My goal at NB is always to try out the beers I can't find locally. Some of the Lips of Faith and other non-standard line up beers are either only served locally (or even just in the tap room) or the bottles are impossible to find locally. So I opted to pass on some of my favorites like Abbey and Grand Cru for some other offerings. I did have a small pour of the Biere de Mars, a Marzen-like beer with brett, that I haven't had in a couple years. We also tried Ken's Hefe, which as the name suggests, is a hefeweizen. It had good flavor but was lacking a little of the body a hefeweizen needs. It suffered from the same problem as Left Hand's hefeweizen.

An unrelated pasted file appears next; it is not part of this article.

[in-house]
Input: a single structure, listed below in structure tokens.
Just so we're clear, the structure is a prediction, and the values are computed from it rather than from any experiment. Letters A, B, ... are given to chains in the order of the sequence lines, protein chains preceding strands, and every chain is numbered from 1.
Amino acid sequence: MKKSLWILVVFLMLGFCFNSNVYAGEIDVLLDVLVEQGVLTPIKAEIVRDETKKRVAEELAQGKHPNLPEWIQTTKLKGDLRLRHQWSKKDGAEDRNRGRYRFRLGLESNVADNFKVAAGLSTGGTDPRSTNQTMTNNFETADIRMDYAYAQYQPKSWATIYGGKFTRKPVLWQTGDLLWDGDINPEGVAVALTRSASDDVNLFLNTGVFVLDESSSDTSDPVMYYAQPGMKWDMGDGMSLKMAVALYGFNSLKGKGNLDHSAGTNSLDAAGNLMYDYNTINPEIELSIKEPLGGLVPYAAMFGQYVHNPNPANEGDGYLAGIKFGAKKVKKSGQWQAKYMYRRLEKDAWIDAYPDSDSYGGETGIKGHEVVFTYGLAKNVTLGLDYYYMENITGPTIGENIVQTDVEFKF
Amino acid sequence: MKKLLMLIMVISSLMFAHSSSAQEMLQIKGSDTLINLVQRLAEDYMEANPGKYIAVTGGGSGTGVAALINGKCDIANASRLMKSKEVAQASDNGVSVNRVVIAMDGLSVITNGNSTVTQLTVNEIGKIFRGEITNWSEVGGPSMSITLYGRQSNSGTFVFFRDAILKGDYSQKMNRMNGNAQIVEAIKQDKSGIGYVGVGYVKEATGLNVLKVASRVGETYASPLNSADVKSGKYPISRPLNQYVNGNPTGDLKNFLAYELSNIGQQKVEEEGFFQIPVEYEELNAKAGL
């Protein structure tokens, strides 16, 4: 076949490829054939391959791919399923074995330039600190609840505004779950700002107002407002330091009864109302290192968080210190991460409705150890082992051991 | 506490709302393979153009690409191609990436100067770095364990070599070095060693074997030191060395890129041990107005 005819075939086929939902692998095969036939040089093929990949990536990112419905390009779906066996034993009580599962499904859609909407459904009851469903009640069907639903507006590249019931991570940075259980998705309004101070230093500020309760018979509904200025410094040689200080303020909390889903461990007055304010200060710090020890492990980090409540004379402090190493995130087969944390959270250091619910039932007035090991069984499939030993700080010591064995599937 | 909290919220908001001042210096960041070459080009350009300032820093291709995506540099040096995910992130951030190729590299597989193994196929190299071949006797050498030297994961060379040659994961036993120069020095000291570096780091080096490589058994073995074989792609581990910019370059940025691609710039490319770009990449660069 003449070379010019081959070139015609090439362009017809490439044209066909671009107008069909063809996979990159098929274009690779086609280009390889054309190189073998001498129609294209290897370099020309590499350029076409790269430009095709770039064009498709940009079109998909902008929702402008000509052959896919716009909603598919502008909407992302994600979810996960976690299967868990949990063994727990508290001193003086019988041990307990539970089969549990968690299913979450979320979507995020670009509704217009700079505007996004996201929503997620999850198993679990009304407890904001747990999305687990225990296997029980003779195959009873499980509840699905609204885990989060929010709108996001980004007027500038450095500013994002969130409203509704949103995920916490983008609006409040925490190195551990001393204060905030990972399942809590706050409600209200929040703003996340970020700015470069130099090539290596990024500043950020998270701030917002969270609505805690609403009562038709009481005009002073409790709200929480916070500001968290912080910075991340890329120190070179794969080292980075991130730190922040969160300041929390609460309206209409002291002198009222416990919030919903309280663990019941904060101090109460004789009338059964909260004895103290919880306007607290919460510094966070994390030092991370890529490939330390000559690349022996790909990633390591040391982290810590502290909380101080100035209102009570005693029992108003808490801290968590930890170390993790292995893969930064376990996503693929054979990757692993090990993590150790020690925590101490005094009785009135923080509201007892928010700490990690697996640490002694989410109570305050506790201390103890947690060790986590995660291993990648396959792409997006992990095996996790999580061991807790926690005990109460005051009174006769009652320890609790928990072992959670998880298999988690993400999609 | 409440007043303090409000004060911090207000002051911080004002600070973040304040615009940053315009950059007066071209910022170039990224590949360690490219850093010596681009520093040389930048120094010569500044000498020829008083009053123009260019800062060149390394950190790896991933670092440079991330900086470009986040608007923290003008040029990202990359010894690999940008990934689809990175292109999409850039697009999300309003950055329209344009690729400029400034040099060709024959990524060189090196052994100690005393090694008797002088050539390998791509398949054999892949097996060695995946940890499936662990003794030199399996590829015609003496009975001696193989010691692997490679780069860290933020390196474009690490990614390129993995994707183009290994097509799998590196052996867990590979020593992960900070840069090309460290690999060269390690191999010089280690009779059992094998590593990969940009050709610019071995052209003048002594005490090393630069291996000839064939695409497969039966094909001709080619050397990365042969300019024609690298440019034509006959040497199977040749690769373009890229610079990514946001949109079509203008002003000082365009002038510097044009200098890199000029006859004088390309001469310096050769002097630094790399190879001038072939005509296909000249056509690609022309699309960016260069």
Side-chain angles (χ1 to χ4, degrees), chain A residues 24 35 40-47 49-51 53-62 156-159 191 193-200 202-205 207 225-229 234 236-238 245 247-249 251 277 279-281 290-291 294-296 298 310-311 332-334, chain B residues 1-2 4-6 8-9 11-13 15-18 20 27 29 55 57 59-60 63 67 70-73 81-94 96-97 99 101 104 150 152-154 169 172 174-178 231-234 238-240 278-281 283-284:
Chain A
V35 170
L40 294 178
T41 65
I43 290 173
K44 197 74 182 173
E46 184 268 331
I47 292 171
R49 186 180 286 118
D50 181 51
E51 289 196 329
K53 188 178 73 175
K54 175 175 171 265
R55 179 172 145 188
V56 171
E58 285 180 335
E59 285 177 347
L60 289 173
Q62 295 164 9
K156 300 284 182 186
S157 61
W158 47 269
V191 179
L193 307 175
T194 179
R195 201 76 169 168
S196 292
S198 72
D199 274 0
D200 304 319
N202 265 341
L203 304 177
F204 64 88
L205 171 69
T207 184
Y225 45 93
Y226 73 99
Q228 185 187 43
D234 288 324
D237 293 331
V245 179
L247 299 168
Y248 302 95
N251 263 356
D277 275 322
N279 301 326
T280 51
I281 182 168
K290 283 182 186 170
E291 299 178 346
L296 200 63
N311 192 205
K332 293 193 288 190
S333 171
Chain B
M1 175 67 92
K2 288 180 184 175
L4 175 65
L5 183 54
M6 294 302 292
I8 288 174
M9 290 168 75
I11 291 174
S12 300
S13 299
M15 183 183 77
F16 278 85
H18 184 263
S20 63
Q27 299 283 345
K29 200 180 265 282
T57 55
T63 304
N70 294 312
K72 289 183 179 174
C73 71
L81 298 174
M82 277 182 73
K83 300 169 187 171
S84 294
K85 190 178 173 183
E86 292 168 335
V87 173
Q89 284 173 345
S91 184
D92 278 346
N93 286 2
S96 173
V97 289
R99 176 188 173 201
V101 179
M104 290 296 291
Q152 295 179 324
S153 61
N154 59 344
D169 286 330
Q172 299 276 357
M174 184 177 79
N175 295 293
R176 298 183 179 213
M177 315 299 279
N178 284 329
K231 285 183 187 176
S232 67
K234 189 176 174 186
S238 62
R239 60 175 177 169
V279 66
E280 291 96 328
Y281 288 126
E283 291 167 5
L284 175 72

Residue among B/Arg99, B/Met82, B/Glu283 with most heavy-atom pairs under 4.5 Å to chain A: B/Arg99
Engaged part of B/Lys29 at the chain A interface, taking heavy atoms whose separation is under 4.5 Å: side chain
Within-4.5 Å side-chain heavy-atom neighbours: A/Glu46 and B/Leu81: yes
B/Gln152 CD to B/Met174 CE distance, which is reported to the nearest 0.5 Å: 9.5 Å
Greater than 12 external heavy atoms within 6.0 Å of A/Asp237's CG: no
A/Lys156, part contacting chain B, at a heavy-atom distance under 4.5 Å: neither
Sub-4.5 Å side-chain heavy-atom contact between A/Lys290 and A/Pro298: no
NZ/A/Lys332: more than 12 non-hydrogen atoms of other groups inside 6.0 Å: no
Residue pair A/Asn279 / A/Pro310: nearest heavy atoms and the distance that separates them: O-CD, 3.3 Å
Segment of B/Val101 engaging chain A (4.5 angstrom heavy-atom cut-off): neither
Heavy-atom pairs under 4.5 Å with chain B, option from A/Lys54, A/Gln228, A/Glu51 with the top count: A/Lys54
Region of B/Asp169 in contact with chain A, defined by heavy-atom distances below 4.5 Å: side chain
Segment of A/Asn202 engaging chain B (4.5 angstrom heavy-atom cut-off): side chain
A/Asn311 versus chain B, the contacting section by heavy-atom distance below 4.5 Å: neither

We also shared a pint of the New Belgium-Lost Abbey collaboration Brett Beer. It's a nice pale malt-based beer fermented only with a Lost Abbey brett strain. The beer is nice and light with some hop flavor but the flavor and aroma is driven by fruity notes from brett. The fruit flavors are interesting; they range from citrus to melon to almost a light fruit punch combination that New Belgium refers to as, "like a Flintstone's vitamin." The typical brett earthy notes are absent. The brett flavors are also well-seated and even a little less prominent than the esters and phenols off a Belgian ale strain. So if you're looking for a real in-your-face brett beer, that's not this one.